A final offer to introduce a much-reduced budget cap of $145m at the start of 2021 has been formally proposed to F1 teams with a sliding scale that would reduce it to $130m over the next three years.

The much-discussed budget cap has been the bedrock of F1’s new commercial agreement to be put in place at the end of this year, though it was originally set to begin at a maximum of $175m.

However, this has been revised down to $145m as a direct consequence of the coronavirus crisis, which could put a number of the smaller teams at risk of collapse without drastic action.

As such, the agreement now proposes the $145m cap for 2021, reducing to $140m in 2022 – when the new technical regulations come into force - and then down to $135m for 2023-2025.

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Teams now have the option of providing feedback, which will determine whether there will need to be a meeting of the team bosses or whether it could go to a vote.

The new commercial agreement is primarily designed to help cut overall costs to teams but negotiations have often faltered on the methods in which to make it fairer. The new deal includes a more even distribution of the prize money revenue, allowing for aerodynamic research and the value of supplying customer parts.

In terms of aerodynamic research, teams will be allowed a sliding scale of wind-tunnel time and data depending on where they finished in the previous championship. By establishing a benchmark, top three teams will get only 70% of that permitted aerodynamic research, with the fourth-place team having 80%, followed by increments of 5% (fifth place equals 85% and so on). The team that finished tenth overall are allowed 110% of that total, allowing them more aerodynamic research.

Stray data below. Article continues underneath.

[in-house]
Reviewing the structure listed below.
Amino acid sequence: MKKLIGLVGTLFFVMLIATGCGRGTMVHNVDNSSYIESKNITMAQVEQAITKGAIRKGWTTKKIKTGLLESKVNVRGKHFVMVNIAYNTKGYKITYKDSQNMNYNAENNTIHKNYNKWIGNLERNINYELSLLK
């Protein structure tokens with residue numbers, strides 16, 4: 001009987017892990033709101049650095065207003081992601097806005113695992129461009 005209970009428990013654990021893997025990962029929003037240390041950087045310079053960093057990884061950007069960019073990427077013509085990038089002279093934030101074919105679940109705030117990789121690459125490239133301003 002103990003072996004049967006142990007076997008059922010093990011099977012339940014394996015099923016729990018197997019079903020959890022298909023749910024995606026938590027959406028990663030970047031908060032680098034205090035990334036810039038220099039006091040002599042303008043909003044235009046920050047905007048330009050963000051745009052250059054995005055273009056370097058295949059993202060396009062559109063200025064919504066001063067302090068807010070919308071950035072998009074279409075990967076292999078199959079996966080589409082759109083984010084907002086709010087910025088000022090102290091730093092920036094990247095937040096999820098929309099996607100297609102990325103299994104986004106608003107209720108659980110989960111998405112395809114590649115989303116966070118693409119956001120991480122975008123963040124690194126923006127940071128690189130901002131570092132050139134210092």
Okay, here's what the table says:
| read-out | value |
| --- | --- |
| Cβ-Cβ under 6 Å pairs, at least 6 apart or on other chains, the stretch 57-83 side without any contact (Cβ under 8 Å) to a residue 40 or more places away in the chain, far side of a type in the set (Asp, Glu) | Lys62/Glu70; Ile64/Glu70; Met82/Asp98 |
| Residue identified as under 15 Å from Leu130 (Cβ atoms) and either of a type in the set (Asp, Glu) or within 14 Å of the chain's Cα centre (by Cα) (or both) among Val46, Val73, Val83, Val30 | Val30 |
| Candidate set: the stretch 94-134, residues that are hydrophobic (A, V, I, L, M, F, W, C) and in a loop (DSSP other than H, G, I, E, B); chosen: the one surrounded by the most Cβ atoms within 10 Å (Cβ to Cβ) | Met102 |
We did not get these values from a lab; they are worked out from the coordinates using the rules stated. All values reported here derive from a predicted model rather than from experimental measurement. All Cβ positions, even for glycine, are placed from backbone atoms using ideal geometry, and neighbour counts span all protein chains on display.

The FIA will also value customer parts from manufacturers, such as gearboxes and suspension, and have their defined value taken off a team’s budget cap figure.

Could Ferrari block the new rules?

Ferrari has long been a vocal opponent of any budget cap even at 175$m so the new reduced figure is unlikely to go down well. The Italian marque argues it would lead to redundancies in its fold.

The team has previously retained a veto but a ‘safeguard clause’ has been added into the International Sporting Code in view of the ‘unparalleled COVID-19 crisis’ to make quicker decisions.

This means it needs only five teams to agree to the proposals for them to pass, even if F1 is pushing to have a unanimous agreement.

It remains to be seen, however, whether the new rules will go far enough for some teams with McLaren arguing the cap should be as low as $100m.

As it stands, F1 is hoping to get back to racing on July 3-5 with the Austrian Grand Prix provided it can meet strict criteria to assure the safety of team members. It has proposed to create a ‘biosphere environment’ with regular testing to ensure it goes ahead safely.